Jordan Neely deserved better than what our cruel, racist society gave him

Michael Arceneaux
4 min readMay 4

Black men in crisis deserve care, not viral deaths by vigilantes.

Photo: Mariela Lombard

On the northbound F train at the Broadway-Lafayette station around 2:30 p.m. on Monday, Jordan Neely was shouting about being hungry, thirsty, and ready to die.

“I don’t have food, I don’t have a drink, I’m fed up,” he screamed according to observers on the MTA train in New York. “I don’t mind going to jail and getting life in prison. I’m ready to die.”

Although passengers did say the 30-year-old was harassing passengers and making threats, he hadn’t actually attacked anyone before he was placed in a chokehold by a 24-year-old former Marine.

The marine, whose name has yet to be revealed to the public, was trying to subdue Jordan, and following a struggle, succeeded as Jordan began to lose consciousness as he continued to choke him. The marine was assisted by a second man who turned on Jordan on his side as he continued to kick his legs until his body gave out. After police arrived at the scene, Jordan was rushed to Lenox Hill Hospital where he was pronounced dead.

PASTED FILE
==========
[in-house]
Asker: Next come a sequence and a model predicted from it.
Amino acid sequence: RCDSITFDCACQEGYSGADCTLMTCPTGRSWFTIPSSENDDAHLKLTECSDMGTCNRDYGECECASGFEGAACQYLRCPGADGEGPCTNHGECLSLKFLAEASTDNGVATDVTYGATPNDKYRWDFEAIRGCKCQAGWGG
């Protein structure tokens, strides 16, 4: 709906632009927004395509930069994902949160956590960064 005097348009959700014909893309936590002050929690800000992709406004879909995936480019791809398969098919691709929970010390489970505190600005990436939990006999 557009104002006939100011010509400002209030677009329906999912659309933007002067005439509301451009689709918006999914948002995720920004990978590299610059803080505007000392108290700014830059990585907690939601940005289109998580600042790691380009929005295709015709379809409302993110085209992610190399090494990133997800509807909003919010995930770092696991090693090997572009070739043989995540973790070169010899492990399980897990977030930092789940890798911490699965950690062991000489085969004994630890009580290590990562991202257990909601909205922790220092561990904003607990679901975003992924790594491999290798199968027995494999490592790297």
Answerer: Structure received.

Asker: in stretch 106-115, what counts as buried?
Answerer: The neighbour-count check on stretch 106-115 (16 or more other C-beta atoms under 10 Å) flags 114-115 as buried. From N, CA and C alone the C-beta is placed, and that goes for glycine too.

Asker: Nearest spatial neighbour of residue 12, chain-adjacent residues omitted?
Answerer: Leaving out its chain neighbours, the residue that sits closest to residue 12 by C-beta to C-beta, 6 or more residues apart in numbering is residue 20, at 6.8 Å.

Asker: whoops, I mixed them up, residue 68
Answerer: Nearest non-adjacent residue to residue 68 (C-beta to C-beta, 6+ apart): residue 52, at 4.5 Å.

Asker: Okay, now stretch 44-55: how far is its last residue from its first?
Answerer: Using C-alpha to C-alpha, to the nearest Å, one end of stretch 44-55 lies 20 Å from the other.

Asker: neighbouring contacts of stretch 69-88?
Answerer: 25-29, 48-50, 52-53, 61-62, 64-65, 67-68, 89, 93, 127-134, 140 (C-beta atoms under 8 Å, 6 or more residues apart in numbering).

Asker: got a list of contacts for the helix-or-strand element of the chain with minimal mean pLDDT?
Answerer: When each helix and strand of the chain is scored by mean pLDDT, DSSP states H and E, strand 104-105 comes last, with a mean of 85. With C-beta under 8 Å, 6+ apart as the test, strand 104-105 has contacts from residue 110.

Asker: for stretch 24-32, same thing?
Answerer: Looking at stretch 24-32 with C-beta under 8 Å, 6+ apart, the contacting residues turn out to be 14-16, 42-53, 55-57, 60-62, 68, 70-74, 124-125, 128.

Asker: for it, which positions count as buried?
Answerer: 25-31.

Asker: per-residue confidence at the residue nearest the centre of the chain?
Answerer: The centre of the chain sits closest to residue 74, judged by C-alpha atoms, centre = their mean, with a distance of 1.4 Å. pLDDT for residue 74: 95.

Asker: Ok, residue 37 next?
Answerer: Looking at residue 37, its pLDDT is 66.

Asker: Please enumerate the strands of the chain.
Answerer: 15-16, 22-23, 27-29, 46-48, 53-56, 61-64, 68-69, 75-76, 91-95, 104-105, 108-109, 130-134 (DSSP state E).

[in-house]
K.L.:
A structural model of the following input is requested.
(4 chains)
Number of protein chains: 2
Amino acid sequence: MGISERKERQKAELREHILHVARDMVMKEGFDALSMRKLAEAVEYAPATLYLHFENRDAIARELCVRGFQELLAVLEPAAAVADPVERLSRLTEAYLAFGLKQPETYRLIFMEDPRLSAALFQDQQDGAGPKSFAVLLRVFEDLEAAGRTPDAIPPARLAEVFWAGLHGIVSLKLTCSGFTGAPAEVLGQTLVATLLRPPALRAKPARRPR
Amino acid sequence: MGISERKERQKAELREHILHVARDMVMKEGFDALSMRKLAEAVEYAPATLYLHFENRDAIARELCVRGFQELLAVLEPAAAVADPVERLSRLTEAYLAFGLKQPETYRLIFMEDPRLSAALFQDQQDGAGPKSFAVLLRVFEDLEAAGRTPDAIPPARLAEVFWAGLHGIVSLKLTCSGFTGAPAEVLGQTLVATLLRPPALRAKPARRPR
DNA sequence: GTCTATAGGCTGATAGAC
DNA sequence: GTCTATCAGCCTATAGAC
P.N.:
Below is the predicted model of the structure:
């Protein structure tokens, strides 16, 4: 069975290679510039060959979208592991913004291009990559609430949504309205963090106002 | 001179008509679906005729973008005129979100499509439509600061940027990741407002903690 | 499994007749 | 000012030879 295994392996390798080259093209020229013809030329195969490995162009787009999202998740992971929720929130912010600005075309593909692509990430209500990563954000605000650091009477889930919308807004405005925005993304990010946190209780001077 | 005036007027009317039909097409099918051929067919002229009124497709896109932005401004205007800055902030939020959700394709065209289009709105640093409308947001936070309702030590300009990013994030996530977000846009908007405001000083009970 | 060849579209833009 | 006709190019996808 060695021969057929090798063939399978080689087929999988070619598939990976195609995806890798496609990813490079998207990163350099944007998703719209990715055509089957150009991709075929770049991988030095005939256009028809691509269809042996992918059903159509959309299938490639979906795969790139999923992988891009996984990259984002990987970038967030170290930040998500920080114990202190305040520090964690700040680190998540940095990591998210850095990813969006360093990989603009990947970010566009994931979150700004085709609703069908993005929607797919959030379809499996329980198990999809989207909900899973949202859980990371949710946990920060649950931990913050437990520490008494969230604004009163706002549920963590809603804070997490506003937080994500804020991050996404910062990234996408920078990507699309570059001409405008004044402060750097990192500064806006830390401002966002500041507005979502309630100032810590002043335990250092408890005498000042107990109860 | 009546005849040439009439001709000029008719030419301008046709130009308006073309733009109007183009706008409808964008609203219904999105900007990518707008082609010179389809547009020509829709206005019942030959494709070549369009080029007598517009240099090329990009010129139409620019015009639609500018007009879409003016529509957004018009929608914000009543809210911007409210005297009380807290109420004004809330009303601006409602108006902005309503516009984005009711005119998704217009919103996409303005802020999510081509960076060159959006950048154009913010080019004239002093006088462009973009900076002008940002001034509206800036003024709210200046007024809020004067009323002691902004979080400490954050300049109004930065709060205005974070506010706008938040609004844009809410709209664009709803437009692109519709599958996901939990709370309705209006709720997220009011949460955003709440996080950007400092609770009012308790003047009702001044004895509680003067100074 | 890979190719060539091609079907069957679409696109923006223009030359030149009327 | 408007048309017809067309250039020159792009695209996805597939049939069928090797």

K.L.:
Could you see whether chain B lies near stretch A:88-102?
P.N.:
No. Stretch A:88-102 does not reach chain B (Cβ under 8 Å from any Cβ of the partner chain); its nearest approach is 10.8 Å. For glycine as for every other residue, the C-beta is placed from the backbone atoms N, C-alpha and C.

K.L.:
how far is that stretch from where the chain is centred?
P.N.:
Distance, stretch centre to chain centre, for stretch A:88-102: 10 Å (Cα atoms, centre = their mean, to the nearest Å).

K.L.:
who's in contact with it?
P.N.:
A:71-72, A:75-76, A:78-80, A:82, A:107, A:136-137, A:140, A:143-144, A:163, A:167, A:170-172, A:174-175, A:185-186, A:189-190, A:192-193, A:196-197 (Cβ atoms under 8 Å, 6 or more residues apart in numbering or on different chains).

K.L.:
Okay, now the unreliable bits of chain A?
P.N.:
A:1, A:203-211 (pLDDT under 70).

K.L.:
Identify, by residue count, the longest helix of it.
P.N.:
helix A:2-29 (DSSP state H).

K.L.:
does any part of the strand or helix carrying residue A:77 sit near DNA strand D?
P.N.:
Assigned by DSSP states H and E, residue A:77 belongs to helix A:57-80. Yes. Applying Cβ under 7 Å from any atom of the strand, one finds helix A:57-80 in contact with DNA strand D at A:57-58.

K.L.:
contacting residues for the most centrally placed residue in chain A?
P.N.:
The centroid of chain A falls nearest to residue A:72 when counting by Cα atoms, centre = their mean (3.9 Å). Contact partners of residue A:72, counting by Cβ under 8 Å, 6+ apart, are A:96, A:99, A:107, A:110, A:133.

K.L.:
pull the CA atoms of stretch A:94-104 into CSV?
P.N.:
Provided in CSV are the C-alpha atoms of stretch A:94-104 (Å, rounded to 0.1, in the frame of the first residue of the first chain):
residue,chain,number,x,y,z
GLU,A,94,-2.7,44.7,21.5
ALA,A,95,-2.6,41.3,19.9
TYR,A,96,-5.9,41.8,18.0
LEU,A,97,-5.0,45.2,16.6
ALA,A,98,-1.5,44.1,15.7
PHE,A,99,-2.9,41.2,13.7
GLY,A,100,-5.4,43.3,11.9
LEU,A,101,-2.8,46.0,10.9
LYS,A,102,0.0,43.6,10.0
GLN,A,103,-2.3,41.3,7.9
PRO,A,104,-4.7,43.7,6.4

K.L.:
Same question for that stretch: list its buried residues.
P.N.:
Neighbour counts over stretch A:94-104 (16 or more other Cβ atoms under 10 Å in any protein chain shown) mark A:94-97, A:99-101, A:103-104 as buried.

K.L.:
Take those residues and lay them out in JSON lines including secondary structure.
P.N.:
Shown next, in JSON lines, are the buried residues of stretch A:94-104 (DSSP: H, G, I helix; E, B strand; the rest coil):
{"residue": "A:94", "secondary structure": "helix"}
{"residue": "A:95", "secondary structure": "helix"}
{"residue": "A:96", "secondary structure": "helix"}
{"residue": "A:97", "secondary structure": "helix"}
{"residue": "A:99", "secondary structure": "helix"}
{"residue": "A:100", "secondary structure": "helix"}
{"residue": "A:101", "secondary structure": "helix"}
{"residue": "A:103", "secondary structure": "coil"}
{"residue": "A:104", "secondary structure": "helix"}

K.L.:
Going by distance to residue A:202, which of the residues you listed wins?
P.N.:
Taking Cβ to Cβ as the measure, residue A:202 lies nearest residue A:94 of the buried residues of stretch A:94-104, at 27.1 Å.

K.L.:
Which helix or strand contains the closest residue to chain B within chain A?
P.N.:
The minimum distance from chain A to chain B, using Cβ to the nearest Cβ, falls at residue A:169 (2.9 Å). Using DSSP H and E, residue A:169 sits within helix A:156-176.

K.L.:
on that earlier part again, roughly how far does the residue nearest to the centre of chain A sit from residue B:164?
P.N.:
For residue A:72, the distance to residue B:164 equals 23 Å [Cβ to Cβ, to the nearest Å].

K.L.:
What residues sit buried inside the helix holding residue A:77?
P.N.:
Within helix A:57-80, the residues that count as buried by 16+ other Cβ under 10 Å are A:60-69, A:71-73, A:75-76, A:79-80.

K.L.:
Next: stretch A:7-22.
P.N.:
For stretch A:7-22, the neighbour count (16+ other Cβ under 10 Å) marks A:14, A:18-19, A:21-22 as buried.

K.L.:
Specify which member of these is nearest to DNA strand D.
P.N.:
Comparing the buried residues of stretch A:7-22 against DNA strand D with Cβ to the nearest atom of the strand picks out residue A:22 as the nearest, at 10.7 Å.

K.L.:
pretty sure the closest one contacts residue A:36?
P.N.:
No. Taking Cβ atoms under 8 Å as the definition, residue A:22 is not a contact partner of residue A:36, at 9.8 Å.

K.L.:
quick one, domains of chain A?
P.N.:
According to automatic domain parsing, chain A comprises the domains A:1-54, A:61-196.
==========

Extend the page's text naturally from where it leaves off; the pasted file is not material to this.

The description alone warrants the categorization of murder, but video capturing the incident makes it all the more apparent.

King, one of the self-described witnesses, told the New York Daily News that the incident was “very disturbing to watch.”

“He wasn’t conscious, he wasn’t responsive, and the man still had him in the headlock,” he apparently “quietly said.”

I could not bring myself to watch the video in full, but I have come across the images of a white man choking a Black man to his death across my social media feeds.

It recalls the imagery of the NYPD officers who choked Eric Garner to death on Staten Island — minus the badges.

Based on the reporting by some outlets, however, the white marine is being treated to the same sort of favorable treatment as any white cop that kills an unarmed Black person.

Lots of passive language and curious phrasing that makes the victim out to be the Black man rather than the white aggressor who stole his life.

Michael Arceneaux

New York Times bestselling author of “I Can’t Date Jesus” and “I Don’t Want To Die Poor.”